Join the CSO newsletter!

Error: Please check your email address.

More about CiscoCSOMicrosoft

Show Comments

Featured Whitepapers

Editor's Recommendations

Solution Centres

Stories by Maria Korolov

Latest Videos

  • 150x50

    CSO Webinar: The Human Factor - Your people are your biggest security weakness

    ​Speakers: David Lacey, Researcher and former CISO Royal Mail David Turner - Global Risk Management Expert Mark Guntrip - Group Manager, Email Protection, Proofpoint

    Play Video

  • 150x50

    CSO Webinar: Current ransomware defences are failing – but machine learning can drive a more proactive solution

    Speakers • Ty Miller, Director, Threat Intelligence • Mark Gregory, Leader, Network Engineering Research Group, RMIT • Jeff Lanza, Retired FBI Agent (USA) • Andy Solterbeck, VP Asia Pacific, Cylance • David Braue, CSO MC/Moderator What to expect: ​Hear from industry experts on the local and global ransomware threat landscape. Explore a new approach to dealing with ransomware using machine-learning techniques and by thinking about the problem in a fundamentally different way. Apply techniques for gathering insight into ransomware behaviour and find out what elements must go into a truly effective ransomware defence. Get a first-hand look at how ransomware actually works in practice, and how machine-learning techniques can pick up on its activities long before your employees do.

    Play Video

  • 150x50

    CSO Webinar: Get real about metadata to avoid a false sense of security

    Speakers: • Anthony Caruana – CSO MC and moderator • Ian Farquhar, Worldwide Virtual Security Team Lead, Gigamon • John Lindsay, Former CTO, iiNet • Skeeve Stevens, Futurist, Future Sumo • David Vaile - Vice chair of APF, Co-Convenor of the Cyberspace Law And Policy Community, UNSW Law Faculty This webinar covers: - A 101 on metadata - what it is and how to use it - Insight into a typical attack, what happens and what we would find when looking into the metadata - How to collect metadata, use this to detect attacks and get greater insight into how you can use this to protect your organisation - Learn how much raw data and metadata to retain and how long for - Get a reality check on how you're using your metadata and if this is enough to secure your organisation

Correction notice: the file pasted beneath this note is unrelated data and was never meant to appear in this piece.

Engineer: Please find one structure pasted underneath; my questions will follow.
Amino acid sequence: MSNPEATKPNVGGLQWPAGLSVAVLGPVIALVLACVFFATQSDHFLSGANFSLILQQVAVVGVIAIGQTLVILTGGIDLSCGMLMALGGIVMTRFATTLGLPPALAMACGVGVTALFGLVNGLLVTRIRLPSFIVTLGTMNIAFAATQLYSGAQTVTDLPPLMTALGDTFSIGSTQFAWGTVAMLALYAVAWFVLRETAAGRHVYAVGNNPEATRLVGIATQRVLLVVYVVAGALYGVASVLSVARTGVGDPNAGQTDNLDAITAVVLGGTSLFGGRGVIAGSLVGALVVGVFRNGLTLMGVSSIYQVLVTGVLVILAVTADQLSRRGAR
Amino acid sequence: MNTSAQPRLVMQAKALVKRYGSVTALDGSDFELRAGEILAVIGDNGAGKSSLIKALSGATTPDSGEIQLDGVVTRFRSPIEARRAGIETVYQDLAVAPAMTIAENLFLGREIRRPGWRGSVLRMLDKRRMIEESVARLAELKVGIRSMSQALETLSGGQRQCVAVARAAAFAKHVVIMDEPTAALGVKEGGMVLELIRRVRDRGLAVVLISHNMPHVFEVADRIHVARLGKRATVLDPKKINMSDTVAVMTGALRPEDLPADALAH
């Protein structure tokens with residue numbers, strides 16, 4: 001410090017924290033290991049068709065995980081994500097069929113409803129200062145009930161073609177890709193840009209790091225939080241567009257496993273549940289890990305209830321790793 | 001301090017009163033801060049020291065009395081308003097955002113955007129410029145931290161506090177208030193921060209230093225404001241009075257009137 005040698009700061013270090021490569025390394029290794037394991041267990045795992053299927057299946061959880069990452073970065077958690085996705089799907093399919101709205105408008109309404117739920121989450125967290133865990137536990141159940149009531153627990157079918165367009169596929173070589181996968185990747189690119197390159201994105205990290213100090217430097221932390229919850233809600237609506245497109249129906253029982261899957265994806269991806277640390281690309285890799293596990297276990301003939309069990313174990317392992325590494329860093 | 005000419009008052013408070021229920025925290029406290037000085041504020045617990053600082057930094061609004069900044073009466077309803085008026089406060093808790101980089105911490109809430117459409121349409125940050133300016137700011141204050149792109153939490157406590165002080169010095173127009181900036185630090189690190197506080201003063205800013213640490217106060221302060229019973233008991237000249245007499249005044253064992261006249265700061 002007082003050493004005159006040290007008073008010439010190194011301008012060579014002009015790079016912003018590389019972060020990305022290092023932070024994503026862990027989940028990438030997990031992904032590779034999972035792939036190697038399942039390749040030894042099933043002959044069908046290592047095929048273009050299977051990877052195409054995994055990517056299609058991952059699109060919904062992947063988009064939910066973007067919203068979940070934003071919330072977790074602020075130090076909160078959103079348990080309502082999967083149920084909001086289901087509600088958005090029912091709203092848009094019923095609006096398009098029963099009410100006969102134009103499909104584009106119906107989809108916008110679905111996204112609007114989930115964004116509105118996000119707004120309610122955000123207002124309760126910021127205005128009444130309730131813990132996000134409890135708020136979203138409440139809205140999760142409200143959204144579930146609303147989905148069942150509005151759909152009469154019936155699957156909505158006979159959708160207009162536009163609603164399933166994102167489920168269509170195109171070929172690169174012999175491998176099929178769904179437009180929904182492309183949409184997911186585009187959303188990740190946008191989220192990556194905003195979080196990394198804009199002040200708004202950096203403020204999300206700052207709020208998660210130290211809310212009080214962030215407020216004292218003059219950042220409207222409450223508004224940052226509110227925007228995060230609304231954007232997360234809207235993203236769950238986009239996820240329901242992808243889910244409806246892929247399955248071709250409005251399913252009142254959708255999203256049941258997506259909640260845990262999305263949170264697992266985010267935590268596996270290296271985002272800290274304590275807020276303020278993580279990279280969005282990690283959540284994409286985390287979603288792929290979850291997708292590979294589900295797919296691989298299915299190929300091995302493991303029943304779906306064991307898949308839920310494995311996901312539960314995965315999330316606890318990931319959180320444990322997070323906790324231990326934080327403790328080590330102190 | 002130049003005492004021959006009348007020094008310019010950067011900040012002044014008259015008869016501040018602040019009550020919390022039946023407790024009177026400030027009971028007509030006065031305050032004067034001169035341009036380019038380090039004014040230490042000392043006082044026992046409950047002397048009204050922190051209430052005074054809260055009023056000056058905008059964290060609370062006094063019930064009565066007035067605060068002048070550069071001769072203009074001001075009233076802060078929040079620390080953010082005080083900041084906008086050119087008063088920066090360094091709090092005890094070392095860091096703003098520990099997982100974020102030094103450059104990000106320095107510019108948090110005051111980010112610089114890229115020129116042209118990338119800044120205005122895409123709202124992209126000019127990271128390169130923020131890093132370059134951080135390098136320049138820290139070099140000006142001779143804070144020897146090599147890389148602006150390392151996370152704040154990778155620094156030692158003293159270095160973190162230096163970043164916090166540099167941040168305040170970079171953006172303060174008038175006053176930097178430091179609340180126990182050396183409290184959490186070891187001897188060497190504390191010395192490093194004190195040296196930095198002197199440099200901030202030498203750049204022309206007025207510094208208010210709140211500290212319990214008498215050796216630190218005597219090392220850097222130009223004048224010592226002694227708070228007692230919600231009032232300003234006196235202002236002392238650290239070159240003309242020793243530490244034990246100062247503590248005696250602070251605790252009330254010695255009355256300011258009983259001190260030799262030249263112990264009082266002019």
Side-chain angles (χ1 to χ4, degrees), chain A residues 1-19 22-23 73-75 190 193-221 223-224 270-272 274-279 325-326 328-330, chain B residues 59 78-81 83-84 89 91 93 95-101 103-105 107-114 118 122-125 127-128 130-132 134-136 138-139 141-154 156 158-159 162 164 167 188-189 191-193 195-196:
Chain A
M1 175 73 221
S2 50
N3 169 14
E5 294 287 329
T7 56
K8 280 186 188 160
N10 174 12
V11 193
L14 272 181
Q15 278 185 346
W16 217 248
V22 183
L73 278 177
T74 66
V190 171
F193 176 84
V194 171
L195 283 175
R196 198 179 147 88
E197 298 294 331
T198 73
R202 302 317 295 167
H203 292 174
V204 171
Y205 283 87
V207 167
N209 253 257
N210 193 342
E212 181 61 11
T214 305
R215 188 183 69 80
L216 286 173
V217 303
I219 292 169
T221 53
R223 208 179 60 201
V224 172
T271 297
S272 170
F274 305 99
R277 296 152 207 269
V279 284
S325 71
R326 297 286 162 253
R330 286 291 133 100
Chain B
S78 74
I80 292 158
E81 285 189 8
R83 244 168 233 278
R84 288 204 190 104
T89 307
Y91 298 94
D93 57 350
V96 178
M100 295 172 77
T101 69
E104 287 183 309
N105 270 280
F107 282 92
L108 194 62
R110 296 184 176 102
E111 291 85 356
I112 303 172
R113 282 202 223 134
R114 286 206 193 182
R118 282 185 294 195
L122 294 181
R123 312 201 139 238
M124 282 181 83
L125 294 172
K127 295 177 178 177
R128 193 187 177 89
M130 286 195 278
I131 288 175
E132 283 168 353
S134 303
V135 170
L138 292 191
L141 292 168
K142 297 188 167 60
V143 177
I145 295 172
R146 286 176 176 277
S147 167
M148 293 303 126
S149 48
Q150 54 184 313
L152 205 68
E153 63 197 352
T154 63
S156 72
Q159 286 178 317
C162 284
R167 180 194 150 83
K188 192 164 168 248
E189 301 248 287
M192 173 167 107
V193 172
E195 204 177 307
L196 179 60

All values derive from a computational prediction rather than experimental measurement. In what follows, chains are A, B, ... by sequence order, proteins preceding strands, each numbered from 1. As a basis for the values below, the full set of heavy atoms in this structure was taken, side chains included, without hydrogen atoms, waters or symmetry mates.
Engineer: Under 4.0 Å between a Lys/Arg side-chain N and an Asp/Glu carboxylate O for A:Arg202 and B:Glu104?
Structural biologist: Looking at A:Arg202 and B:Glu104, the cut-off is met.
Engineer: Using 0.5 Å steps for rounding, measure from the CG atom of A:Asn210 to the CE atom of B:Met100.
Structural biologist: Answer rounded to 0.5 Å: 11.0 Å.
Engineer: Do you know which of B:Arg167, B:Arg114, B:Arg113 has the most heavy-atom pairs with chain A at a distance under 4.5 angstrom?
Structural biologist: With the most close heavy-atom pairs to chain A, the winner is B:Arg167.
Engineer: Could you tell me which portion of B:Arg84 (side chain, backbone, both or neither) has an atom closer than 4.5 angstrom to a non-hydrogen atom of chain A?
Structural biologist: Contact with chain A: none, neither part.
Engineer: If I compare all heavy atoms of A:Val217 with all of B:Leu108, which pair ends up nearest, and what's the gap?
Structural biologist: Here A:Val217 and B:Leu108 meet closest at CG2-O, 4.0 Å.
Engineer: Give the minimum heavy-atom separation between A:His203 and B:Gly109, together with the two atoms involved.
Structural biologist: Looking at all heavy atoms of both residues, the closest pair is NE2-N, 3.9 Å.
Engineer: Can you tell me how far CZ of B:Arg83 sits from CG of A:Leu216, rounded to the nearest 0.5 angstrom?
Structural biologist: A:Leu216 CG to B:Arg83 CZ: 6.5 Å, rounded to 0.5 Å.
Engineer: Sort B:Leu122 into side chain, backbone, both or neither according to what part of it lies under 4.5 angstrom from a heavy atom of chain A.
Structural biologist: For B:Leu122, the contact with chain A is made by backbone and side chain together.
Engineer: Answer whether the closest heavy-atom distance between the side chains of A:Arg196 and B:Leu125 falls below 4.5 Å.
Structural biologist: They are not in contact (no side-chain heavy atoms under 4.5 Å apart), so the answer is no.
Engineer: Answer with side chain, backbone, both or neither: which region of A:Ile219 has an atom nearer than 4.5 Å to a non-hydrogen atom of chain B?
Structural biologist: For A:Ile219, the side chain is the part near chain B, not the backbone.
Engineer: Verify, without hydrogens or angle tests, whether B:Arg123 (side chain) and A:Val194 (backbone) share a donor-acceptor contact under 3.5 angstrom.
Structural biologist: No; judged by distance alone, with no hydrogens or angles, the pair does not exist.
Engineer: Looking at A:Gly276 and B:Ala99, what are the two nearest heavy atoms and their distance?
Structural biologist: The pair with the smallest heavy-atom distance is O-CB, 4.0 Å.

Play Video

  • 150x50

    CSO Webinar: How banking trojans work and how you can stop them

    CSO Webinar: How banking trojans work and how you can stop them Featuring: • John Baird, Director of Global Technology Production, Deutsche Bank • Samantha Macleod, GM Cyber Security, ME Bank • Sherrod DeGrippo, Director of Emerging Threats, Proofpoint (USA)

    Play Video

  • 150x50

    IDG Live Webinar:The right collaboration strategy will help your business take flight

    Speakers - Mike Harris, Engineering Services Manager, Jetstar - Christopher Johnson, IT Director APAC, 20th Century Fox - Brent Maxwell, Director of Information Systems, THE ICONIC - IDG MC/Moderator Anthony Caruana

    Play Video

More videos

Blog Posts